Strategy & Operations » Legal » How best to get to the facts in litigation

In the current environment any financial director worth their salt will have risk and reputation management high on the list of concerns for the underlying business.  Litigation falls squarely under that rubric: litigation at worst can give rise to a reputation and capital hit and at best unwanted, unplanned and irrecoverable costs, which are a drain on free cash flow.

A business can never be sure that it will not become embroiled in a legal case in the near future, whether over a contractual dispute or something more sinister.  It is therefore important for senior decision-makers in a company (including FDs) to be familiar with the litigation landscape.

Judges and lawyers alike are all too aware that litigation, like any other sector, is subject to competitive pressures.  International courts around the globe are circling with a view to challenging London’s position as the pre-eminent dispute resolution jurisdiction.

Reform is, therefore, in the air with a view to streamlining procedures and thereby reducing cost in what some describe as a “Rolls-Royce” system.  The process for the disclosure of documents in litigation is already subject to a pilot of new rules.  Witness statements are now also in the spotlight.

What are witness statements?

In short, a witness statement is a formal document provided by a witness in a legal case that contains their personal account of the facts relating to the dispute.  In England and Wales, it takes the form of a written statement signed by the person, which contains the evidence which that person would otherwise be allowed to give through oral testimony at trial.

Witness statements were introduced to remove or minimise the need for witnesses to tell their side of the story in the form of oral evidence at trial, thereby reducing the length of trials and their attendant costs.  Many feel that they achieve that purpose and more.

The positive aspects of witness statements

Many businesses consider that witness statements have two collateral benefits:

  • First, witness statements help commercial clients better to understand the risk profile of cases ahead of trial and help the board to undertake the cost/benefit analysis accordingly. This can help facilitate commercial resolution of the dispute at an earlier stage before the case goes to trial.
  • Crucially, witness statements are a safe harbour for lay witnesses to crystallise their thinking and to acclimatise themselves to the challenges of giving evidence. Court trials are extremely high-pressure, particularly for those who have not had prior exposure to a court environment.  Written witness statements help manage this issue by giving witnesses room to breathe, collect their thoughts and accurately recount the facts ahead of trial and before cross-examination.

The need for reform

Many, however, feel that these benefits come at a price that is not worth paying.  Witness statements are expensive to produce.  Critics argue that in practice the process has moved away from what was originally intended.  Specifically:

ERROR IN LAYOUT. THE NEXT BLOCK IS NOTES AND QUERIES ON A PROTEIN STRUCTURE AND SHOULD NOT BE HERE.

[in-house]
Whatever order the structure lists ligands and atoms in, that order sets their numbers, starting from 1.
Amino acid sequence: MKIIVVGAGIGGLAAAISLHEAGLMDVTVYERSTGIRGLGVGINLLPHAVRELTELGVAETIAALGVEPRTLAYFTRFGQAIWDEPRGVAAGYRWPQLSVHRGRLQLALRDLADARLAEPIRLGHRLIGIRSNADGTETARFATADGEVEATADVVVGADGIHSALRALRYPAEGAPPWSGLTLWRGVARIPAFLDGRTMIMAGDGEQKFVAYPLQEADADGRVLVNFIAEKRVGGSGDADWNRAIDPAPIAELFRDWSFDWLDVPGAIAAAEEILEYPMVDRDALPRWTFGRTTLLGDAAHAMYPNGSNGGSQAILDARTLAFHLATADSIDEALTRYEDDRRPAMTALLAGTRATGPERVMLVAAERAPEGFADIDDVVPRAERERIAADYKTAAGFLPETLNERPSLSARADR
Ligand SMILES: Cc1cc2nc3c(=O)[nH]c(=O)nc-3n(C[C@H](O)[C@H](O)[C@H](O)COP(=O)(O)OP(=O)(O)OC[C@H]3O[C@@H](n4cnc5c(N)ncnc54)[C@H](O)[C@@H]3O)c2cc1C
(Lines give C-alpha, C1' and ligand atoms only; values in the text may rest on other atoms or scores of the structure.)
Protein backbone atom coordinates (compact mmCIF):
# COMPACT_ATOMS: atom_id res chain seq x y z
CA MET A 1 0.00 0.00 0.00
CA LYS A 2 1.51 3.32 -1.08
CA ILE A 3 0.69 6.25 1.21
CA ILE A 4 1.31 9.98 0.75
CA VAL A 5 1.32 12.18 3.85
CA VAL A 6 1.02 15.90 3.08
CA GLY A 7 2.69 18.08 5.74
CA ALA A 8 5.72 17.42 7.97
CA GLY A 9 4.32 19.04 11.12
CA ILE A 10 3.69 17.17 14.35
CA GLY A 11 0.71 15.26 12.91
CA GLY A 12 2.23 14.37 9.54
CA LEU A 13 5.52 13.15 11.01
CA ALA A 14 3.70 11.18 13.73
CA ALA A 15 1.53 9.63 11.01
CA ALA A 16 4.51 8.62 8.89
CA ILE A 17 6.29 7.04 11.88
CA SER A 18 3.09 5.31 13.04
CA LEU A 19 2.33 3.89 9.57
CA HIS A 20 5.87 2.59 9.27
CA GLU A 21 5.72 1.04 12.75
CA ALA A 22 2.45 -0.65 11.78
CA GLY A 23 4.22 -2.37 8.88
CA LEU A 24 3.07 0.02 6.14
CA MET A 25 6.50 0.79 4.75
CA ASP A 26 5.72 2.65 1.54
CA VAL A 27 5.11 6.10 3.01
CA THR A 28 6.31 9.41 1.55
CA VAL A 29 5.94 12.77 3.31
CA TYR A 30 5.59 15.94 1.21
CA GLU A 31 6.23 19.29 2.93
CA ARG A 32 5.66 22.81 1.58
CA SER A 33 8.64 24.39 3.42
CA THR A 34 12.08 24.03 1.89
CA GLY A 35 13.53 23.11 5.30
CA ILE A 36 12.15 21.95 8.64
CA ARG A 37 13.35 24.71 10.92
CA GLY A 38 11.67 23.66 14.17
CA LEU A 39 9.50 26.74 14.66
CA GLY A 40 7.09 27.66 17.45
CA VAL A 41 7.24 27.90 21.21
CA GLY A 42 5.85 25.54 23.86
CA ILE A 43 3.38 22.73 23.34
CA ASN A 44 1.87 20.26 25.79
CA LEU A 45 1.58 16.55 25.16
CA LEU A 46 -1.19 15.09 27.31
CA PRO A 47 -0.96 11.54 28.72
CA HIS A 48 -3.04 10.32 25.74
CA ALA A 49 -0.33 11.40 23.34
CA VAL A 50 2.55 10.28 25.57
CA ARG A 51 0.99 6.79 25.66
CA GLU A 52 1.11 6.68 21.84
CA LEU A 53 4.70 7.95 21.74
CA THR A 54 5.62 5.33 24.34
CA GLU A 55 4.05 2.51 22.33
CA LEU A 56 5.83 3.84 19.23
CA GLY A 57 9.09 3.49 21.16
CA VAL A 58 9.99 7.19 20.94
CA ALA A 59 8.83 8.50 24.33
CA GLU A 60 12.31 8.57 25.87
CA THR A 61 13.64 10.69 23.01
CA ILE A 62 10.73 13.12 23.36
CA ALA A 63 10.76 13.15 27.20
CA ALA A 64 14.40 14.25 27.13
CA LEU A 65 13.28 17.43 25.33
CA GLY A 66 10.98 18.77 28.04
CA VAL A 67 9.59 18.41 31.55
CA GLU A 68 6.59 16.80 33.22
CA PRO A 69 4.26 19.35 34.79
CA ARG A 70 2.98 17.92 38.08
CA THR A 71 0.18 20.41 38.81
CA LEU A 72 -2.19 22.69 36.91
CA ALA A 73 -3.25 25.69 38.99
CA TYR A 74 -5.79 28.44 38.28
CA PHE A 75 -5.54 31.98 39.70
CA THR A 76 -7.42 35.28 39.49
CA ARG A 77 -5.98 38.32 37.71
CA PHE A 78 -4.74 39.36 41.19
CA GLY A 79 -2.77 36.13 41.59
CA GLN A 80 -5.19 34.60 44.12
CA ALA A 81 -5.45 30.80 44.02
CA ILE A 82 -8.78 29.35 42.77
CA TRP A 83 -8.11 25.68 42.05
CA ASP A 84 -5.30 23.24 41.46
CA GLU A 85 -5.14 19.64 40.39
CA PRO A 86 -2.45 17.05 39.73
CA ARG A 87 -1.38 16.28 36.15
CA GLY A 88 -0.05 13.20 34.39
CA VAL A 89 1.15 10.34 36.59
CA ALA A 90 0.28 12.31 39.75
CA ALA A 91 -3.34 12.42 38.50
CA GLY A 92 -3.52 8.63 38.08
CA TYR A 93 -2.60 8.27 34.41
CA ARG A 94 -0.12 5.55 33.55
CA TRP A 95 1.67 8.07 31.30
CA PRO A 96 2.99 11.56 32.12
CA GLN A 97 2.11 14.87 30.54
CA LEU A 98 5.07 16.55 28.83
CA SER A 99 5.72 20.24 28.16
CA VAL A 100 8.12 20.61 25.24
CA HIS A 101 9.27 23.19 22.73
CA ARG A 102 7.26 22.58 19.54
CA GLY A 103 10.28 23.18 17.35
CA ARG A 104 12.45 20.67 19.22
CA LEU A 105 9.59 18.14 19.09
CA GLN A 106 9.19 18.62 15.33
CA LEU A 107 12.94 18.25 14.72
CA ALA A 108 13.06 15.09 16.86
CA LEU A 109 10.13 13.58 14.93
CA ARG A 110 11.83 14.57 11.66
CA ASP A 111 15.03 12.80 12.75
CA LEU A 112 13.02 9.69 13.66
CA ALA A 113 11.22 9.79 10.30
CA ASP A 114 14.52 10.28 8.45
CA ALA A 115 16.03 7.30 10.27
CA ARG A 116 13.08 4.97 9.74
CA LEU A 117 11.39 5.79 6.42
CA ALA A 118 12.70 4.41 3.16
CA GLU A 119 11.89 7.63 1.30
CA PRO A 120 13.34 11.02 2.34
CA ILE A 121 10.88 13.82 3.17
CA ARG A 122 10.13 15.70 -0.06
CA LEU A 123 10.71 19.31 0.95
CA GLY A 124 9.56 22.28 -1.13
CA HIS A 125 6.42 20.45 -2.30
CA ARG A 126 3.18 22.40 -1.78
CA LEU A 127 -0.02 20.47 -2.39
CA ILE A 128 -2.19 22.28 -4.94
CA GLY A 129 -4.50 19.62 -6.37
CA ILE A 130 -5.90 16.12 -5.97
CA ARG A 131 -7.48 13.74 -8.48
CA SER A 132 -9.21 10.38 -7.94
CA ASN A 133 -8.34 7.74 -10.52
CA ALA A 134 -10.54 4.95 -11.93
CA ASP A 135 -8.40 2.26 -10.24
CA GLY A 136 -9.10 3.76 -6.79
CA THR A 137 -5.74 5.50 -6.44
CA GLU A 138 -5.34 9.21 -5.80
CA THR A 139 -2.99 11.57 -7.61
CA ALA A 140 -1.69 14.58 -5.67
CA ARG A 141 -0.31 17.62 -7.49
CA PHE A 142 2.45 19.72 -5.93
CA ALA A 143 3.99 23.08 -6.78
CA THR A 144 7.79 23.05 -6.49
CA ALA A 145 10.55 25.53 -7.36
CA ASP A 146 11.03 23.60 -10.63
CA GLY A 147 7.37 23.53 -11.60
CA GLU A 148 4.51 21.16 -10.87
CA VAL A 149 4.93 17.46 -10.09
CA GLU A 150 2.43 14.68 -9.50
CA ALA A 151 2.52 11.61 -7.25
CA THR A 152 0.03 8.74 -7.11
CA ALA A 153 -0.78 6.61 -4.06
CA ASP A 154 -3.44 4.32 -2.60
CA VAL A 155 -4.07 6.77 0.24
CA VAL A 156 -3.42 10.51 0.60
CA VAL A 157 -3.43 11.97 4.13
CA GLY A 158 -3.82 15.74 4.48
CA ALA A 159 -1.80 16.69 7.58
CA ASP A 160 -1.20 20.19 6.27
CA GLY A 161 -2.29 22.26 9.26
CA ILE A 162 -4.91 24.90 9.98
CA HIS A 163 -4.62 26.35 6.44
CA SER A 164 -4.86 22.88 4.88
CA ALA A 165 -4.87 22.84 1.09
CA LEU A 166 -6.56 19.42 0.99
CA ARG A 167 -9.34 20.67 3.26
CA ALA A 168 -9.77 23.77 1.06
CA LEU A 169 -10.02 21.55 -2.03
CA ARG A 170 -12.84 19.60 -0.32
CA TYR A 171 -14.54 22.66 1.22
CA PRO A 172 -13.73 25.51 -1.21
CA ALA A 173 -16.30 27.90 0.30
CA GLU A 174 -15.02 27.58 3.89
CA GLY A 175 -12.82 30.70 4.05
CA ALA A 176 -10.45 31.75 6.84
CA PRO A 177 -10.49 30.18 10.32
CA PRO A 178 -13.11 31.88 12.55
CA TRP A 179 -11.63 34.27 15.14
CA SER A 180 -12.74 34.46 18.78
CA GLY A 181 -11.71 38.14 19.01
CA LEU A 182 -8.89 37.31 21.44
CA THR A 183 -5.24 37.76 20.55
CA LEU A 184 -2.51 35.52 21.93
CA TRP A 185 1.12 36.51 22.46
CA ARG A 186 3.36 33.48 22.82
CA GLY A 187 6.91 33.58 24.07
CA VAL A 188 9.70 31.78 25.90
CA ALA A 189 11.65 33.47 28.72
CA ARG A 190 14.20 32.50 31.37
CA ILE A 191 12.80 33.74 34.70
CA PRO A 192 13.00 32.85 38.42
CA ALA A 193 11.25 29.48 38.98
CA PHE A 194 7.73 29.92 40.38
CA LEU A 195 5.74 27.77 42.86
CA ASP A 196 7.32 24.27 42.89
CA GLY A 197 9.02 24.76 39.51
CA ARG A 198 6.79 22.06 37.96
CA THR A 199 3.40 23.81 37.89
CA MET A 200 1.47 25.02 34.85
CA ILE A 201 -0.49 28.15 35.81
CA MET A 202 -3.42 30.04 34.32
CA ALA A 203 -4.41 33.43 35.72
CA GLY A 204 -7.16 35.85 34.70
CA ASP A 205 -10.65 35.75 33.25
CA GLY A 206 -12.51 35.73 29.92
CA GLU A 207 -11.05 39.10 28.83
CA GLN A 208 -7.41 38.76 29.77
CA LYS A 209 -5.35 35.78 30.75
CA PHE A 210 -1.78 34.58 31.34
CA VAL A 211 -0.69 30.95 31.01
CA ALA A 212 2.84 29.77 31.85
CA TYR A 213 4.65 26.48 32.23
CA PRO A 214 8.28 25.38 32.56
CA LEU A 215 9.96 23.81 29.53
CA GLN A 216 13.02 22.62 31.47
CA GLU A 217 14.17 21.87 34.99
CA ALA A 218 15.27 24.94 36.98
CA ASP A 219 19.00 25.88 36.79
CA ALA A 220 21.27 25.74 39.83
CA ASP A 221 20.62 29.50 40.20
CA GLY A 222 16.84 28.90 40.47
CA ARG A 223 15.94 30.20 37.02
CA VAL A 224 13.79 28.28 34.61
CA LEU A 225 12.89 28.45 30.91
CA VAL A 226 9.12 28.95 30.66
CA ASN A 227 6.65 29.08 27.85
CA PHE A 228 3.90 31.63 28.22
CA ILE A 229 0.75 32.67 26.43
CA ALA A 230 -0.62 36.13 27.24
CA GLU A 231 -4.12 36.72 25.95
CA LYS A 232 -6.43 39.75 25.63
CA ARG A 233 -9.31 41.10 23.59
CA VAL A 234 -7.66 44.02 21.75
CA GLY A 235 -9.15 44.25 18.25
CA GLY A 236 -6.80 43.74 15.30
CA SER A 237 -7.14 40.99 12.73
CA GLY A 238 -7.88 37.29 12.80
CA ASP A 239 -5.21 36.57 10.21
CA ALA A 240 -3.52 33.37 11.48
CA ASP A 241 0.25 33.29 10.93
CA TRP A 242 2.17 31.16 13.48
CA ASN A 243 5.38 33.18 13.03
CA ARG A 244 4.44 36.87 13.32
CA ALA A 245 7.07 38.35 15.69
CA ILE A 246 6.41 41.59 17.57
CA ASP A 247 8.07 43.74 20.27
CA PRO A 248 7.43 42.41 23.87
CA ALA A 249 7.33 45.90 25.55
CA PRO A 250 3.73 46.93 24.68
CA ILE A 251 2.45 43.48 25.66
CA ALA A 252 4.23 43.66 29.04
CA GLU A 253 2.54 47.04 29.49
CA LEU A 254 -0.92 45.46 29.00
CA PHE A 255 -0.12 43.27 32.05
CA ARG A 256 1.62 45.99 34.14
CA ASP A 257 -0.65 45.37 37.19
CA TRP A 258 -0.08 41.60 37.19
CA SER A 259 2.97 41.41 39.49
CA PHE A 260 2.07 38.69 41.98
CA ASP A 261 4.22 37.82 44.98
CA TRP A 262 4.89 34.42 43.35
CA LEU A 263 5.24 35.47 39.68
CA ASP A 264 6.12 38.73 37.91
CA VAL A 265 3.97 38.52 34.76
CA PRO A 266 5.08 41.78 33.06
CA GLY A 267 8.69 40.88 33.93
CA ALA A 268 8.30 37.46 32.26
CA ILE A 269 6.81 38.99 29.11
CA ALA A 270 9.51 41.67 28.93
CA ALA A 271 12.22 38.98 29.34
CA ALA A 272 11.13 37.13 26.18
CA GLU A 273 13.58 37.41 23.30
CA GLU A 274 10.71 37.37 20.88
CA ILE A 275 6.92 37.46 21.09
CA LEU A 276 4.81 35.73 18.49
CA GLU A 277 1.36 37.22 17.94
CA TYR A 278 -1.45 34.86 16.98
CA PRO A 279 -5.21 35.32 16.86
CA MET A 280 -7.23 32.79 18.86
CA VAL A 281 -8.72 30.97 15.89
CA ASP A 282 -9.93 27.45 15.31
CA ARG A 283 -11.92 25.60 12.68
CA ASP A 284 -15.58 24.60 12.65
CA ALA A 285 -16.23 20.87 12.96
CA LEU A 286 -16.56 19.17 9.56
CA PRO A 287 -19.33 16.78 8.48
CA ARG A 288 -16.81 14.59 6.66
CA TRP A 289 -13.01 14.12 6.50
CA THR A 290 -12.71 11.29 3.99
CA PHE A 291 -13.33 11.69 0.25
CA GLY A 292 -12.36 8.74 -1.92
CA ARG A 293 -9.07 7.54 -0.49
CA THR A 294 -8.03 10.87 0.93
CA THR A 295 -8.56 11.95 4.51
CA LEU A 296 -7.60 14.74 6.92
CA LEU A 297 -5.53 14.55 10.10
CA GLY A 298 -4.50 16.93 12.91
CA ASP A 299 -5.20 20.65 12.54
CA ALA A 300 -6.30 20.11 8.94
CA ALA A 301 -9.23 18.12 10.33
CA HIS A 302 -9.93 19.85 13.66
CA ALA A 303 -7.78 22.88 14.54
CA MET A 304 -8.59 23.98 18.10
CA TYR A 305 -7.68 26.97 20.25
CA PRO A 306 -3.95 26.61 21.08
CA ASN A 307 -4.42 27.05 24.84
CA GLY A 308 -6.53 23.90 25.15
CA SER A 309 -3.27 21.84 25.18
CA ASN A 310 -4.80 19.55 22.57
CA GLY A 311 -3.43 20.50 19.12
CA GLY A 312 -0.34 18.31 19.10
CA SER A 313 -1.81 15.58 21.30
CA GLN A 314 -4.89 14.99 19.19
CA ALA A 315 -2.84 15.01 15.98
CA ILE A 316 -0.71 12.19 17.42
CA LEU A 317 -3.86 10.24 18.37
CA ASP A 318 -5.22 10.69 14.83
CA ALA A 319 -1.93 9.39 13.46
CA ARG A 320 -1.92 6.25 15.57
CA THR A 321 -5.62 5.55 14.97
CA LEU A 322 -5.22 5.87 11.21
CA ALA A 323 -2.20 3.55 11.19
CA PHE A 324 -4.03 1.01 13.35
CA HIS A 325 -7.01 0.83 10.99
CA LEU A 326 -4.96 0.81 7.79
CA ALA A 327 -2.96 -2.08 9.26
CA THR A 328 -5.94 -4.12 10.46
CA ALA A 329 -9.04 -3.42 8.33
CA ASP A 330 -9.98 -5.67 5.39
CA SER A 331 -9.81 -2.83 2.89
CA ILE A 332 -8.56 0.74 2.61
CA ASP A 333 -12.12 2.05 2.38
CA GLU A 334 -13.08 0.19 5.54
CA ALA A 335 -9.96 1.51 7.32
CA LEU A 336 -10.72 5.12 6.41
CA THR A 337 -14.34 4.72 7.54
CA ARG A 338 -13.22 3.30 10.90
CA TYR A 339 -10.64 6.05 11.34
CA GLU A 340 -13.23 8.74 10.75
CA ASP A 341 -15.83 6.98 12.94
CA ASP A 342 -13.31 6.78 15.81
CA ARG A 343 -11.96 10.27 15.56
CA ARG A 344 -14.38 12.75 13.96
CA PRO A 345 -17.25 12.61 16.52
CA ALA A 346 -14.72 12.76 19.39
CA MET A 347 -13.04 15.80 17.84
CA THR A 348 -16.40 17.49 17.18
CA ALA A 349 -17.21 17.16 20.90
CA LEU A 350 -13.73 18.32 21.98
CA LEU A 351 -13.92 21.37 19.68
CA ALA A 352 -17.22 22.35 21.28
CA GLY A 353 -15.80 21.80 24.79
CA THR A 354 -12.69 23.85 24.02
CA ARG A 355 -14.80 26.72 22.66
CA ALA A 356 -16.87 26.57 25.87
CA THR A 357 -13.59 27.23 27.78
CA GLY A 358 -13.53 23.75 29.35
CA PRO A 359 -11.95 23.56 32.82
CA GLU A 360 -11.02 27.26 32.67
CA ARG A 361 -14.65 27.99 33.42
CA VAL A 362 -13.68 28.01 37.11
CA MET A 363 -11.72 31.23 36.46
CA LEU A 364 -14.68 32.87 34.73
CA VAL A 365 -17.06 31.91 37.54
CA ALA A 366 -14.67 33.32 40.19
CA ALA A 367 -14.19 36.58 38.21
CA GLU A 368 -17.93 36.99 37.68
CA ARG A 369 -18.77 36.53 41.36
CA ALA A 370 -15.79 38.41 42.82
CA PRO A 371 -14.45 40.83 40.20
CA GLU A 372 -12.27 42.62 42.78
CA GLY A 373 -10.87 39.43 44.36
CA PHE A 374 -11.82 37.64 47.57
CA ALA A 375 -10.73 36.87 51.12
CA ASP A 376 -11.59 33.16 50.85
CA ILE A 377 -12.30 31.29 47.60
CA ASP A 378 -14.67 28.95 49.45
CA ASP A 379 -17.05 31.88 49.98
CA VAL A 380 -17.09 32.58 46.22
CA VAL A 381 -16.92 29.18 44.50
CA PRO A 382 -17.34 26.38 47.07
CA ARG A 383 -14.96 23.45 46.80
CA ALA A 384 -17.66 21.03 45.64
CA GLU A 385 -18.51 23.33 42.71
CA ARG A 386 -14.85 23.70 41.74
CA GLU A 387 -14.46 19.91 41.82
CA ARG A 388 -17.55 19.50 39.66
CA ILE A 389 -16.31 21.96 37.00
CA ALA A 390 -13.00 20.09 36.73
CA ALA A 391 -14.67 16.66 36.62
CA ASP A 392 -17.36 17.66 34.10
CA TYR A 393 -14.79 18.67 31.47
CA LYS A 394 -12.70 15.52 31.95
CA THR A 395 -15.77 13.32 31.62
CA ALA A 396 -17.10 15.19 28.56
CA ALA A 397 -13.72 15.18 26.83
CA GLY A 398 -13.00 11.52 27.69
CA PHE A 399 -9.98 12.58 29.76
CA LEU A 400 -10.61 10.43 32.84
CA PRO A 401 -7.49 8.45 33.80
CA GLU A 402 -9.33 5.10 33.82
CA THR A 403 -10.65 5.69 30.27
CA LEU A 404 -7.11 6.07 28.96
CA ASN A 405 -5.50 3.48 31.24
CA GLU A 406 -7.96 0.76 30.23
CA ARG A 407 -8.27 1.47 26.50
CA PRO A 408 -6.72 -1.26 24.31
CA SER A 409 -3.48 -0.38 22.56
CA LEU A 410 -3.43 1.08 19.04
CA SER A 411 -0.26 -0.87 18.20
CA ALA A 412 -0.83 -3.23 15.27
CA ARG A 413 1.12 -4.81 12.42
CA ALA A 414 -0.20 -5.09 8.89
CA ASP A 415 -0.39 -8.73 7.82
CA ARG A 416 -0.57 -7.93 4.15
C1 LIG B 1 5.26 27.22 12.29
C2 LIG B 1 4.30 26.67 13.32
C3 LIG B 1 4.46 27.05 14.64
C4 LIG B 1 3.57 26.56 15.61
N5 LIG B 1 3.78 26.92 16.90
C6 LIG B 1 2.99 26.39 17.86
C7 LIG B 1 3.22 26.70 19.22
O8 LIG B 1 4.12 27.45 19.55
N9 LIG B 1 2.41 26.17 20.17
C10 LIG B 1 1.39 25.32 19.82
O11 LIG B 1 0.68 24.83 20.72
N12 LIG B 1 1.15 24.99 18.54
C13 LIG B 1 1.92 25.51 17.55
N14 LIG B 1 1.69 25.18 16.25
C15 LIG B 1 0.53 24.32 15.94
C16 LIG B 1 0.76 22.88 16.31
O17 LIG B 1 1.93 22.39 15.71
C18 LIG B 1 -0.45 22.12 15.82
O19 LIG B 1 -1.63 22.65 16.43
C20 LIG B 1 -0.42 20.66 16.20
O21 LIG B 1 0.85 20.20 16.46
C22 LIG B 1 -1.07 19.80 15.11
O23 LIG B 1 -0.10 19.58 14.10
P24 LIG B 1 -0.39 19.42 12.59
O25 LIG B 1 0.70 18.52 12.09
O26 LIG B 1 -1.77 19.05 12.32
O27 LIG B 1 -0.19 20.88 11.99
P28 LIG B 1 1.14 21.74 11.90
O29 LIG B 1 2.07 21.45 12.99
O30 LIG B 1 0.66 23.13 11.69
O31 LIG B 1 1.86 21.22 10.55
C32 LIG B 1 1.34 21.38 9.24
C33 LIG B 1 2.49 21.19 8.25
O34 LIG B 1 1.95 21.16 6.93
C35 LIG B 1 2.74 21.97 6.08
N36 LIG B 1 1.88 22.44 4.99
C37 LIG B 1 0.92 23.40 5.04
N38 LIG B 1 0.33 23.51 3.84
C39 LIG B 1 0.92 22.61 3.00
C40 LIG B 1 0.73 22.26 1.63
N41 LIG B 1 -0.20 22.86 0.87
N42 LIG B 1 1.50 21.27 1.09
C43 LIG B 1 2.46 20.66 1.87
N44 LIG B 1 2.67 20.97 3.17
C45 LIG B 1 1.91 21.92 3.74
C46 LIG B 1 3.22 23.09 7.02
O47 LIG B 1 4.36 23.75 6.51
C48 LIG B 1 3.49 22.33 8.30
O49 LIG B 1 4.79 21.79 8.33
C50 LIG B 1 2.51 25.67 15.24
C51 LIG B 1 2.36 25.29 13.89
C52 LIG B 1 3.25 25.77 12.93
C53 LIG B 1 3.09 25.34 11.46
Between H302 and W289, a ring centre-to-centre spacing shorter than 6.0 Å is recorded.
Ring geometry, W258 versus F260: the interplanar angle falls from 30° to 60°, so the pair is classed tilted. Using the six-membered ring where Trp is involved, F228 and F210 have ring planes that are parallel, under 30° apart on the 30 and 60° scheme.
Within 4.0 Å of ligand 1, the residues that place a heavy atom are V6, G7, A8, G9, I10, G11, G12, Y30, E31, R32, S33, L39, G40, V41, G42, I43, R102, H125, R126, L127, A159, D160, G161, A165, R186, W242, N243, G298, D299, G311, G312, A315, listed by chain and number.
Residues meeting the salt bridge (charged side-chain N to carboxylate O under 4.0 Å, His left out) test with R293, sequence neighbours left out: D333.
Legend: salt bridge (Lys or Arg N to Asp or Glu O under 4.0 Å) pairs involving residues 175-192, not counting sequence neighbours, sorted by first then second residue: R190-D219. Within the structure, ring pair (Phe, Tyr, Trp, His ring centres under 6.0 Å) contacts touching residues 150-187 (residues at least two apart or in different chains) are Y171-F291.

• In many cases, witness statements often include irrelevant material or, worse, create argument. Tempted by bringing documents to the attention of the judge, just in case they are missed, witness statements can often resemble a chronology of documents to which the witness is not qualified to speak.  This of course helps no one other than the cross-examiner.
  • Judges tend to give little weight to statements that are obviously crafted by lawyers, even if they may still contain a useful encapsulation of the case that a litigant intends to make at trial.
  • The most reliable evidence to come out in a witness statement is likely to be the first account of the facts. As witness statements are taken and honed over time, facts can become innocently distorted through an ultimately unreliable process of reconstruction.

In light of all this, it is generally accepted that some reform is needed and there should be greater transparency around the process by which witness statements are produced.

The working group responsible for lobbying the reforms certainly has a lot to consider.  The prevailing sense is that they are considering a very wide range of options, from more forceful use of the current judicial toolbox to reintroducing evidence-in-chief, as well as other options in the pre-trial process – including US-style depositions standing in as evidence-in-chief.

It seems clear, however, that despite media speculation, the chances of witness statements being scrapped altogether is low.  In the event that witness statements in their current form were done away with, they would need to be replaced and practitioners are acutely aware of the risk of reform leading to greater, rather than less, cost.

It remains to be seen where the reform debate will land, but, in light of the range of views being weighed, it is encouraging for all parties that the topic is being given proper attention.  In this era of disruption, even lawyers are mindful of the need to embrace change for the better.